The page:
But it doesn’t mean I won’t be eating. I’ve searched out alternatives that will still allow me to eat with the game and have some of the old food fun I was once accustomed to. Let’s start with some basics, like salsa. Salsa has become as American as apple pie, but it’s usually loaded with salt, so it’s generally a no-no now. But I’ve found low-salt salsa at both Trader Joe’s and Whole Foods. Combine that with salt-free, tortilla chips from Trade Joe’s. Fourteen unsalted chips have seven grams of fat. I also have salt-free potato chips with nine grams of fat per ounce and a low-fat, low-salt popcorn from Trader Joe’s with three grams of fat per ounce.
Kroger has a fat-free cookie that has only 25 mg of salt per cookie, another treat I’ll have tomorrow.
And then for the main course, I’m making my own whole wheat manicotti filled with low-fat ricotta and covered with my low-salt homemade tomato sauce. My sauce has less than 200 mgs of salt per quart. Since I’ll likely use less than a pint on my manicotti, I’ll have only about 100 mgs of salt from it.
So I’m ready for kickoff and you can be too, just search out the low-salt, low-fat treats out there. John
My days of eating ham or steak or a big rib roast on holidays are over, thanks to the angioplasty I had Aug. 13, 2012. So how can I continue to celebrate important days with food I enjoy? Have you been asking yourself that question too?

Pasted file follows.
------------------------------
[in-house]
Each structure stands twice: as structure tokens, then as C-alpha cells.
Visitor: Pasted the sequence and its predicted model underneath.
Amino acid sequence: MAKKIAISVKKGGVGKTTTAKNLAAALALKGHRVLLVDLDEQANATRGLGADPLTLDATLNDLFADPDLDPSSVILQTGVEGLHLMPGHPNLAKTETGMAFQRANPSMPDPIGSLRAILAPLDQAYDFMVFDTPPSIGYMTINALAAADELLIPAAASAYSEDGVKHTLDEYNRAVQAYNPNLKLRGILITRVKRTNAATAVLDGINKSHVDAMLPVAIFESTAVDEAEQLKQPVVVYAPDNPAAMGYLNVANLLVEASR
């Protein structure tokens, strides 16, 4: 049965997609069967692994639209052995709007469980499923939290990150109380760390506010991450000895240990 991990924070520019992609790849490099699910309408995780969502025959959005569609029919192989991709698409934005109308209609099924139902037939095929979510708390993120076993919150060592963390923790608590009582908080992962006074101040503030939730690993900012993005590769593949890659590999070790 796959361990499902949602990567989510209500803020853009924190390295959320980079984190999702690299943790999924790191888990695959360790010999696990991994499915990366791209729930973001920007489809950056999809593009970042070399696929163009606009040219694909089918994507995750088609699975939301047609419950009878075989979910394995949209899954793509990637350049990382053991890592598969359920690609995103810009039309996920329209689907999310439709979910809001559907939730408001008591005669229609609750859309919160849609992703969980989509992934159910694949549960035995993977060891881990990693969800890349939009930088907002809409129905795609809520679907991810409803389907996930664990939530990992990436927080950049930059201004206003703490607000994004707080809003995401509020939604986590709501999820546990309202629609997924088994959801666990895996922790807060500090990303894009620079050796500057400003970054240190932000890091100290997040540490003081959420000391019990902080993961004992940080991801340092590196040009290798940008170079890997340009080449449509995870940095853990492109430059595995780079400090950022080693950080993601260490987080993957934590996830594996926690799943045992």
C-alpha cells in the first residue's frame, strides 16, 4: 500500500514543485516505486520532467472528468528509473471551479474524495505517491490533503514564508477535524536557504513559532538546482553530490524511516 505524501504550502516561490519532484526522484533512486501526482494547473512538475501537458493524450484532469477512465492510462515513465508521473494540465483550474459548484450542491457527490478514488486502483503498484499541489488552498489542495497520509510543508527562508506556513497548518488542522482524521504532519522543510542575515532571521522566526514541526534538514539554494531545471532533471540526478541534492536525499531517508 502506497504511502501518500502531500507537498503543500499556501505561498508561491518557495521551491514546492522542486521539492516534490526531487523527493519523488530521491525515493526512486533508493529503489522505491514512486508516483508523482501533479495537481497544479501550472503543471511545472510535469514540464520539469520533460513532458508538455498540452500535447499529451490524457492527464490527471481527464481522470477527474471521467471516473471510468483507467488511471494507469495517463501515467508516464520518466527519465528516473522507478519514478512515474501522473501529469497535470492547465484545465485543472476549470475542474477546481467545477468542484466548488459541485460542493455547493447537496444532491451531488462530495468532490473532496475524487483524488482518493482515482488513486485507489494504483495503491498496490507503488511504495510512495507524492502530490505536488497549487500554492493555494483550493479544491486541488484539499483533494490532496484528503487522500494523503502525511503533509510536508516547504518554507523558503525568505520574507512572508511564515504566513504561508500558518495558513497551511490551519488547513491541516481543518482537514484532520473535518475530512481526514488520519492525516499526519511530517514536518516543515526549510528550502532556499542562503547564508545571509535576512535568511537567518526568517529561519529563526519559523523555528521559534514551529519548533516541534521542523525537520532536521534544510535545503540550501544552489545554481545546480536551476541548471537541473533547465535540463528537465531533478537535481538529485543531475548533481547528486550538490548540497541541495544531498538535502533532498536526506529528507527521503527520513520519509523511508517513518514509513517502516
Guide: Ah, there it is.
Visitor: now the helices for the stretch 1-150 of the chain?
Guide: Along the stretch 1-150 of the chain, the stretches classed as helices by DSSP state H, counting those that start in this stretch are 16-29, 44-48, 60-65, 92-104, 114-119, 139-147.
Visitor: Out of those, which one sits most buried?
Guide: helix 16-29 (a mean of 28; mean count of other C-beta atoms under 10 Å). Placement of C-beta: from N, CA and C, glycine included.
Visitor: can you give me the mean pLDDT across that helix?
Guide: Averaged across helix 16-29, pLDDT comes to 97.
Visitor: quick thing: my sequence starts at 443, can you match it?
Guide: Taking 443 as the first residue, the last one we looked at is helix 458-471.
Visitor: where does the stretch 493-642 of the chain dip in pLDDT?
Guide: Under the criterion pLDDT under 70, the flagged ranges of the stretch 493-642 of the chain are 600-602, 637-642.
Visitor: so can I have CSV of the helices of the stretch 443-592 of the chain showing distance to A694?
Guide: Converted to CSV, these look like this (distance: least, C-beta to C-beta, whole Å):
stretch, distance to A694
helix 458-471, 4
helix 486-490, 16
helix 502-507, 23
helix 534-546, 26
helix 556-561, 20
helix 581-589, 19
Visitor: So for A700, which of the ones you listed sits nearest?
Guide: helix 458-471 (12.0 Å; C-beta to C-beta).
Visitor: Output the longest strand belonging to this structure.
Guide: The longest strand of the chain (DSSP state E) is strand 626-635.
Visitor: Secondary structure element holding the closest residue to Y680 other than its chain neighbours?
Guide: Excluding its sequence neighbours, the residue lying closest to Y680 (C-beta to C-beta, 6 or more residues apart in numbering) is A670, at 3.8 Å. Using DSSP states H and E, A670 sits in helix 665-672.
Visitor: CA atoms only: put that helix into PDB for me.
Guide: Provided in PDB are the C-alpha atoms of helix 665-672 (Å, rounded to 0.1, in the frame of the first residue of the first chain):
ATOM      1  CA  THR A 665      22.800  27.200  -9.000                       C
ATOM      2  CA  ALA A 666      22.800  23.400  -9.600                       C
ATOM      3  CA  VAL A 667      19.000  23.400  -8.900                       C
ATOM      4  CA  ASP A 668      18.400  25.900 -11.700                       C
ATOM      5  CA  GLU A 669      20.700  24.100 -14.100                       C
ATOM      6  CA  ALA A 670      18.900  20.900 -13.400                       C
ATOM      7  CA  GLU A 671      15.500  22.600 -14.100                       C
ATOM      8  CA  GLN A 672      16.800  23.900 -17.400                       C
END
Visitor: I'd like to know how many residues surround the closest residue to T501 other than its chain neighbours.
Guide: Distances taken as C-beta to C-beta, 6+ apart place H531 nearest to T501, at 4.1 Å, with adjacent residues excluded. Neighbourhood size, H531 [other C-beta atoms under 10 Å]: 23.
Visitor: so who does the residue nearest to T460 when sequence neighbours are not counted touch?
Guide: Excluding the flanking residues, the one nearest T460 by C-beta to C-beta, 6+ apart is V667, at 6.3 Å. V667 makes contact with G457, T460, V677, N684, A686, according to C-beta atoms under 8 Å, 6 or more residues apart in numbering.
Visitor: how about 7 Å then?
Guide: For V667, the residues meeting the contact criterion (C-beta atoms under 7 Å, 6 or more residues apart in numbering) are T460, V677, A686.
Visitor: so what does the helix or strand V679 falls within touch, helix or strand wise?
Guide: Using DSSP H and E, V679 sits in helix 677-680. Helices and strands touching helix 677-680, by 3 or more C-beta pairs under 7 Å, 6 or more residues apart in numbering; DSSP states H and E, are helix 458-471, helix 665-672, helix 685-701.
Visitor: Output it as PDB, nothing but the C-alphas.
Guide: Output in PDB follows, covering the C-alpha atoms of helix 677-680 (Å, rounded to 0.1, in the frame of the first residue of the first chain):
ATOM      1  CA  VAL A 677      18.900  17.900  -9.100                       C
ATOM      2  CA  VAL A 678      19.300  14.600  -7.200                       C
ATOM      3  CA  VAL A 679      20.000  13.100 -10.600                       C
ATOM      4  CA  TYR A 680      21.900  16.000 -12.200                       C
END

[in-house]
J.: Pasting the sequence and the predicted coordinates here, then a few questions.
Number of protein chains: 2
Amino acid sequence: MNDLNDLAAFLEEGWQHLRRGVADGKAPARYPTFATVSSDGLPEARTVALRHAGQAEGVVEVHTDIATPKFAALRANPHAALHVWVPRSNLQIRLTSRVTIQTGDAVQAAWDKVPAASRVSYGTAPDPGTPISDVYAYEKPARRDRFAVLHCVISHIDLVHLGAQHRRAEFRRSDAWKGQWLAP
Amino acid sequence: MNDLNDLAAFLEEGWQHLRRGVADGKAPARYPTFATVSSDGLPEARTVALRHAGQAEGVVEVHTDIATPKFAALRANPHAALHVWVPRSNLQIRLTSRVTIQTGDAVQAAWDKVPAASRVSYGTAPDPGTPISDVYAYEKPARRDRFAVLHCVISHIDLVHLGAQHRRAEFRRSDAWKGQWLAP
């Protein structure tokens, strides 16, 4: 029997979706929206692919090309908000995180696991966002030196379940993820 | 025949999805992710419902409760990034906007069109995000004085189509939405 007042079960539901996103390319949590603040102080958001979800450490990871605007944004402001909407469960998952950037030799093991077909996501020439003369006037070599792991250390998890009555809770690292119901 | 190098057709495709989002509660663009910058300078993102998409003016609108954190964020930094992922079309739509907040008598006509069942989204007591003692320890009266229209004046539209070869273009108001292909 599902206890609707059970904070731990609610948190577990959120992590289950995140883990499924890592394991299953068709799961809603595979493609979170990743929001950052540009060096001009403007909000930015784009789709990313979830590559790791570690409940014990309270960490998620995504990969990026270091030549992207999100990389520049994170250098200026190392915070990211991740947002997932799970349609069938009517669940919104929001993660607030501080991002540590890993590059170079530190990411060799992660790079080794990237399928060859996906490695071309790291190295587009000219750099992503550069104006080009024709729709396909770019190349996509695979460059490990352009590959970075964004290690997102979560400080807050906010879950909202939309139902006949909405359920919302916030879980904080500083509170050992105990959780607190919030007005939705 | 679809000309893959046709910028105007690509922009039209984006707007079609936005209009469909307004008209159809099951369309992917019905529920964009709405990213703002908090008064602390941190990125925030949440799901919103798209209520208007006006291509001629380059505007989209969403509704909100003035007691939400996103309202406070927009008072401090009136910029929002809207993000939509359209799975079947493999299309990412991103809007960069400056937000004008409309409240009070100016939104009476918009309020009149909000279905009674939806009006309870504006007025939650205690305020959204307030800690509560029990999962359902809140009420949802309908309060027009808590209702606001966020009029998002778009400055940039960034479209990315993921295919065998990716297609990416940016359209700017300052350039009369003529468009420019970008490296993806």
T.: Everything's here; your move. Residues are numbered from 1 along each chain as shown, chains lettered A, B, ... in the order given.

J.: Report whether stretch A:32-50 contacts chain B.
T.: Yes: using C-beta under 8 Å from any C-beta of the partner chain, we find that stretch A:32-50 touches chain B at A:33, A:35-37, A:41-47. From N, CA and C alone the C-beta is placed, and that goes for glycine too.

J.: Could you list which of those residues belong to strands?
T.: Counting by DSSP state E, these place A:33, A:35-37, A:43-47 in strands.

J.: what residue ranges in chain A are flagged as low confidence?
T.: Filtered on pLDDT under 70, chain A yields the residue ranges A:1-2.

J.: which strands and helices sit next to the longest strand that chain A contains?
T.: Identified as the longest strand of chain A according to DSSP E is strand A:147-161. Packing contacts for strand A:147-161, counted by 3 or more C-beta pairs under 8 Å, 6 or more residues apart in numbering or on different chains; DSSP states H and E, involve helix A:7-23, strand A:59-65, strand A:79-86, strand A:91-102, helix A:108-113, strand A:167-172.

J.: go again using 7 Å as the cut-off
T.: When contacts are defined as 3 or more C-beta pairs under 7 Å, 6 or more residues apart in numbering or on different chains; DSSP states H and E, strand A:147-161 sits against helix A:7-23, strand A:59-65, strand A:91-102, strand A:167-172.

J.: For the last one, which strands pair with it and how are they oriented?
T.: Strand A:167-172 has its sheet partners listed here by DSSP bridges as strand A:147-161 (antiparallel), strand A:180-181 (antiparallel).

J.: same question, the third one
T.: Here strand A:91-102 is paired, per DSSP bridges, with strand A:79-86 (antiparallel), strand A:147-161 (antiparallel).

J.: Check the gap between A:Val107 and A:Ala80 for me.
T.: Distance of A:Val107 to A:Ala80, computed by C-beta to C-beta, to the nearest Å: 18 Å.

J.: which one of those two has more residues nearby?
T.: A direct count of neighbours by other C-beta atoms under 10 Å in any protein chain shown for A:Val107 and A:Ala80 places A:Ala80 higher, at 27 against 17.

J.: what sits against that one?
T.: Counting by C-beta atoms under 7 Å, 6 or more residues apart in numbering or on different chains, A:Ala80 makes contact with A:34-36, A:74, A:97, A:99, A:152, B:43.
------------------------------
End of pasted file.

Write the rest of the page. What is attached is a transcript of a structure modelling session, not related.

The answer for me is to go back to my roots. Italian-Americans at one point traditionally had a meal of seven kinds of fish on Christmas Eve. The tradition goes back to the old country and a time when Catholics could not eat meat on the night before Christmas. It also was a way for poor fishermen to feast with banquets that would have made the rich feel right at home.
Most seafood is allowed on my no-salt, no-sugar, no-fat diet. Cold water varieties like salmon are even encouraged because of the omega-3 fatty acids they contain, although I’ve already seen one study saying those aren’t the superfood some had thought they were.
When my grandmother did the seven fishes, she included clams, eel, an Italian salted cod called baccala, squid, snails and I’m not sure what else, likely crabs and flounder.
I’m going with fish I prefer to some of those and which are available to me here in the Midwest — salmon, tilapia, crab, shrimp, mahi mahi, lobster, and a second salmon variety, coho salmon. I’m also making some squid for me, that’s a delicacy my wife doesn’t eat.
I’m using Mrs. Dash no-salt marinades to flavor some, tomatoes and lemons to flavor others. For side dishes, I’m making a pepper trio salad, portobello mushroom caps, broccoli and some small red potatoes.
When we sit down to that meal, we will have much to be thankful for, including all the new recipes I’ve created since completely changing my diet. I wish you similar success, keep reading and I’ll do my best to keep posting new recipes. Send me yours as well.